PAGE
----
Chatuchak Market: Preserving Old-world Charm for Generations to Come

In the heart of bustling Bangkok stands the largest weekend market in the world, the Chatuchak Market. Known among Thais as Jatujak Market or JJ Market, the world-famous market of Thailand features more than 15,000 stalls offering a good variety of products—from clothes and crafts to plants and food. Aside from its remarkable assortment of merchandise, Chatuchak Market became popular globally because many of its products are sold at bargain prices. It is a famous shopping destination, especially for those on a budget.

Every weekend, more than 200,000 people, a mix of locals and tourists, flock to Chatuchak. It is where they shop trendy clothes and fashion-forward accessories. It is a place where people can go on a food trip and bond with peers over Thai street food. It is a tourist destination and a picturesque spot where the young and old alike can take social media-worthy videos and pictures.

A colorful history

Other than the modern conveniences it offers, the nearly 80-year-old Chatuchak Market exudes an old-world charm that beguiles people from around the world. The market’s structures, its colorful signages, the iconic Clocktower, and stalls of plants and flowers are reminiscent of how Bangkok’s first market was like when it first opened in 1942. To boost the local economy and make it more convenient for citizens to purchase their needs, the third Prime Minister of Thailand, Field Marshal Plaek Pibunsongkhram, mandated that every town in Thailand must have its own flea market. Thus, Bangkok’s first market was opened in Sanam Luang.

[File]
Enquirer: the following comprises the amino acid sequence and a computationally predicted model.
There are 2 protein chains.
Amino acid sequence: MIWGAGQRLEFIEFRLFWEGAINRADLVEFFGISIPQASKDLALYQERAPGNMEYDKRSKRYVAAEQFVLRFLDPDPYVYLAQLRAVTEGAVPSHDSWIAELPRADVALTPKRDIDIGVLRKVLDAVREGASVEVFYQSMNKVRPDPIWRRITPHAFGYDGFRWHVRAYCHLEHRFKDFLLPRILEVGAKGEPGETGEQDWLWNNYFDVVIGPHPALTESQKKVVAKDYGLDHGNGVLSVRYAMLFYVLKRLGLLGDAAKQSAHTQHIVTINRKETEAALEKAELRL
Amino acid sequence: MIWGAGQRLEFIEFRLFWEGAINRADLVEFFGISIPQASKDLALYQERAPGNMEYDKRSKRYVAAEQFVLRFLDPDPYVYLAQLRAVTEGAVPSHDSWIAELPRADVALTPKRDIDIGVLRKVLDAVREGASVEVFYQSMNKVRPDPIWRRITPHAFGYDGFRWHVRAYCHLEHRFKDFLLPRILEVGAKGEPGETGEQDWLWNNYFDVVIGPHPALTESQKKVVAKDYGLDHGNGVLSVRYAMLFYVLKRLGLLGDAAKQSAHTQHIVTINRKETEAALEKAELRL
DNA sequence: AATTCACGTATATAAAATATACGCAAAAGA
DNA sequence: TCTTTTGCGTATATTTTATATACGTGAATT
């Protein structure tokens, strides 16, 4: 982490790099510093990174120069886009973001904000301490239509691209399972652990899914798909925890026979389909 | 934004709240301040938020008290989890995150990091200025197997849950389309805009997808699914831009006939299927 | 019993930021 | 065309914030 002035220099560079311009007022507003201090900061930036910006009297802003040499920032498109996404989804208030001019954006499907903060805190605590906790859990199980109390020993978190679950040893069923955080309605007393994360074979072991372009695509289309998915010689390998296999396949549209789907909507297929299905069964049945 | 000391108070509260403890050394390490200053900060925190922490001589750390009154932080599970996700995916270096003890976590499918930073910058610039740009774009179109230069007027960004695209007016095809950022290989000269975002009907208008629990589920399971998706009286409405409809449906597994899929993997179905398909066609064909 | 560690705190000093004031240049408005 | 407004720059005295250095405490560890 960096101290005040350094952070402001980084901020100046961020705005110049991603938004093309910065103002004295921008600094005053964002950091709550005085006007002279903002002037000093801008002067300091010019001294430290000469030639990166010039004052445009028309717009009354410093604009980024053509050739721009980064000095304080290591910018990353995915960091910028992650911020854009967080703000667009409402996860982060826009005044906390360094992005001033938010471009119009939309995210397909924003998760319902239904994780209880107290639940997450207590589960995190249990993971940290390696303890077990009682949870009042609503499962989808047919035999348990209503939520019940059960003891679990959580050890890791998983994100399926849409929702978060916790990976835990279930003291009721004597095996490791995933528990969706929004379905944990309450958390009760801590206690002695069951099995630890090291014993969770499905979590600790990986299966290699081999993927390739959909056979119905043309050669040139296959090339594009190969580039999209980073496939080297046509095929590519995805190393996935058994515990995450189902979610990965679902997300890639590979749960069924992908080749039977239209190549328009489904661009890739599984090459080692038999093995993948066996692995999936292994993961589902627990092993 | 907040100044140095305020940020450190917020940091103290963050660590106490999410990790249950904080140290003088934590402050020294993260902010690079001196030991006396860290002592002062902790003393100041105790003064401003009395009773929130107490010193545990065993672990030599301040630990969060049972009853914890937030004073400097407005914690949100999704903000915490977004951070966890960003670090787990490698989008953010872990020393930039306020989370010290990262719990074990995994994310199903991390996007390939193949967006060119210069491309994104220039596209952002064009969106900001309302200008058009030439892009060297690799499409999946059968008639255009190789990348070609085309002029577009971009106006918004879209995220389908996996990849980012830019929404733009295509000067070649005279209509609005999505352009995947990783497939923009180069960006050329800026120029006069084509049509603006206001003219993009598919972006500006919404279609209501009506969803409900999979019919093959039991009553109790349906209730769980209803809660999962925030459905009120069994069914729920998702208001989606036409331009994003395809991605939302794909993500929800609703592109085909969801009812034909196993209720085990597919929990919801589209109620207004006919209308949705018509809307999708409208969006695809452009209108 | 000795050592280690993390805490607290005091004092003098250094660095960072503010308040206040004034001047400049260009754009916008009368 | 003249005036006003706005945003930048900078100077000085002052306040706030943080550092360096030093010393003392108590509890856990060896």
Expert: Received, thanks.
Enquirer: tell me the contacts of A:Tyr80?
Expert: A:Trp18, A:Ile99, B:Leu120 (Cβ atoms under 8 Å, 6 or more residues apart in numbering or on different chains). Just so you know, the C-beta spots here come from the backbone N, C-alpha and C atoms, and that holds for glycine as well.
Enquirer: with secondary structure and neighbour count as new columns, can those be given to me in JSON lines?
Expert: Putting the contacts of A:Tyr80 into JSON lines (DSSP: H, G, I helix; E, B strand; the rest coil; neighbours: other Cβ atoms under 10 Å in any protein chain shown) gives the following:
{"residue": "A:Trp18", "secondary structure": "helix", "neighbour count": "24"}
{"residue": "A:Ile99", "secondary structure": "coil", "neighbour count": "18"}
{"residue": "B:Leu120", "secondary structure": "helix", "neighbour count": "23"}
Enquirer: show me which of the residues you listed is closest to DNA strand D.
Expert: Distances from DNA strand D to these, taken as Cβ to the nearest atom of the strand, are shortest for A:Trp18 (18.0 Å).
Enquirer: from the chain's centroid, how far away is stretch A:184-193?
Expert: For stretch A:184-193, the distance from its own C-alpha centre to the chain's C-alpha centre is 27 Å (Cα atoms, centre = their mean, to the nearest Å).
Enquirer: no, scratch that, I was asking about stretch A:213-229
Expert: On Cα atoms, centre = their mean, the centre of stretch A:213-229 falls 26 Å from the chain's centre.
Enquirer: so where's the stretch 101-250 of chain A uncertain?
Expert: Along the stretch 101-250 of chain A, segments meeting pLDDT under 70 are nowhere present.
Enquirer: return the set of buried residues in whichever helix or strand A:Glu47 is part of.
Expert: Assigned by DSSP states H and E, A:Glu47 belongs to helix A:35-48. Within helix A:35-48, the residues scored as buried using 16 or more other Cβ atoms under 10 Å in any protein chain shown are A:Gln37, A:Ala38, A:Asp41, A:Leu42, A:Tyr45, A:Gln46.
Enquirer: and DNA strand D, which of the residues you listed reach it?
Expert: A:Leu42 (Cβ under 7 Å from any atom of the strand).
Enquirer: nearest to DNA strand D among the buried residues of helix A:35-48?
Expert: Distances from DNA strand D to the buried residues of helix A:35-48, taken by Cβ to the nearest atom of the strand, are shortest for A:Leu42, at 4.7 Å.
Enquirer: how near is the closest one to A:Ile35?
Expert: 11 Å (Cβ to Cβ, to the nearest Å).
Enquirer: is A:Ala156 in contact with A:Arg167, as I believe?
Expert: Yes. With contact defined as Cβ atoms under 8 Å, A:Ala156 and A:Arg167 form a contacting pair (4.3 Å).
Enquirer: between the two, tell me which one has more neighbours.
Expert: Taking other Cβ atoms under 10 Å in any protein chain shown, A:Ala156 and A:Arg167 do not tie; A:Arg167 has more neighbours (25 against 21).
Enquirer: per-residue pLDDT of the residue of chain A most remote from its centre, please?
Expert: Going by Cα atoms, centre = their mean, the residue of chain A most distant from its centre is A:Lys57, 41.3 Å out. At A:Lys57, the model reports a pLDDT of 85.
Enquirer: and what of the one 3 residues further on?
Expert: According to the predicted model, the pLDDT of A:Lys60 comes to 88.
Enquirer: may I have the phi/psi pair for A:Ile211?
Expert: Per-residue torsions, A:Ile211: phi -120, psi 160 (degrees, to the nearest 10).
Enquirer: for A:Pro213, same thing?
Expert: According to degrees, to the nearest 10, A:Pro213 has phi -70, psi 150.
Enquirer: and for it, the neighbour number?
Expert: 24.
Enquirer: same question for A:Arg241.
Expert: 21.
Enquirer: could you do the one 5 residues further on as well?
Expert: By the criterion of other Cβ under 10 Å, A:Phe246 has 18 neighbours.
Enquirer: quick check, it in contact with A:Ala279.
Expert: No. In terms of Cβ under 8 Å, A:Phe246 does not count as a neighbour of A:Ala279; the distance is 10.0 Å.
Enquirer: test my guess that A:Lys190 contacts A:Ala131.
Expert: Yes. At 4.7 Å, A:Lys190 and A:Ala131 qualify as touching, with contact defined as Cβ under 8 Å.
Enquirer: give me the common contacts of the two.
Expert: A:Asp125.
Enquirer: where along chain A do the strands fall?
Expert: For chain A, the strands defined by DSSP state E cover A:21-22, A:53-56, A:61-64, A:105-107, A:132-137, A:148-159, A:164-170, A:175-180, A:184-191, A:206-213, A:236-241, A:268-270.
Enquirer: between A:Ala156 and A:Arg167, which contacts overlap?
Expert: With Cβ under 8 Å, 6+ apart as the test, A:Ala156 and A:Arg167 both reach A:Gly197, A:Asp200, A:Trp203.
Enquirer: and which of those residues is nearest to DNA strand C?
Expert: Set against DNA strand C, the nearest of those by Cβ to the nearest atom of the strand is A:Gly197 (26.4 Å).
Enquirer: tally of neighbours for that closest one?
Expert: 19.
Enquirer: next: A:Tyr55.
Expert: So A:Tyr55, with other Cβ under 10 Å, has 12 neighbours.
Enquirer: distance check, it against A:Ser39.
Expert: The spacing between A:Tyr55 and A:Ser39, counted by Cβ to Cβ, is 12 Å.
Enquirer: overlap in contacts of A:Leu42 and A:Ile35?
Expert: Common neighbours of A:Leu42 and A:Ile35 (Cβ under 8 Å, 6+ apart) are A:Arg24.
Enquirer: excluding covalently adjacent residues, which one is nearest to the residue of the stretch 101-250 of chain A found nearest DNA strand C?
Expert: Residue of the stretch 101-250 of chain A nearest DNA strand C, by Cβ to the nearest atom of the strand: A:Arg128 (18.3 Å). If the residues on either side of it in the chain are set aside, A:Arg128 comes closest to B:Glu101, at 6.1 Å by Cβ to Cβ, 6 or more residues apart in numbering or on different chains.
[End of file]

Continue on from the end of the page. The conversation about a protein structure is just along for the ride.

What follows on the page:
After some months, the government moved the market to Saranrom Palace, where it stayed there for eight years. It was relocated to Sanam Chai, but was then returned to its original location, Sanam Luang. In 1982, the market was finally moved  to Chatuchak. After five  years, it was officially called the Chatuchak Market.

Integrating sustainability with old-world charm

Despite being moved from one place to another, Chatuchak Market did not lose its original identity. Until today, people in Thailand are reaping the benefits of the same flea market built almost eight decades ago. To stand the test of time, Chatuchak Market has undergone transformation a couple of times. It has renovated some structures, modernized its processes, and made use of technology to upgrade its operations. Despite keeping up with a changing world,  Chatuchak Market managed to preserve its old-world beauty, an inheritance well deserved by generations to come.

With the goal of preserving the market for future generations, Chatuchak Market practices some sustainability habits such as using compostable plastic bags and recycled cartons.

Today, Bangkok authorities are working with the State Railway of Thailand to renovate the Chatuchak market in order to handle the influx of tourists in the post-pandemic era. Part of the proposed transformation are road renovations, planting of trees near railways, development of affordable rental spaces for low-income earners, regulation of hawkers, and public parks management.

Inspiring other markets in Asia

Bangkok’s world renowned market has proven that redevelopment and preservation can go hand in hand. This sets the standard for other public markets in Asia that want to keep pace with the changing times.

In Iloilo City, Philippines, the local government has been proactively pursuing public market rehabilitation to boost the city’s tourism and provide better services to citizens.

The city government has entered a public-private partnership with property developer SM Prime for the redevelopment of the Iloilo Central and Terminal Markets.  Aiming to provide an elevated market experience for Ilonggos and tourists, the city government is determined to modernize the markets while retaining their original identity that reflects Iloilo City’s beautiful history and culture.

As part of the rehabilitation project, SM Prime will redevelop the market structures by incorporating modern facilities for the improvement of water resource management, solid waste management, and air quality maintenance.  To transform Iloilo public markets into sustainable and resilient ones, SM Prime will likewise install energy-saving devices such as solar panels, skylights for natural lighting and ventilation, LED lights, as well as roofing and painting technologies.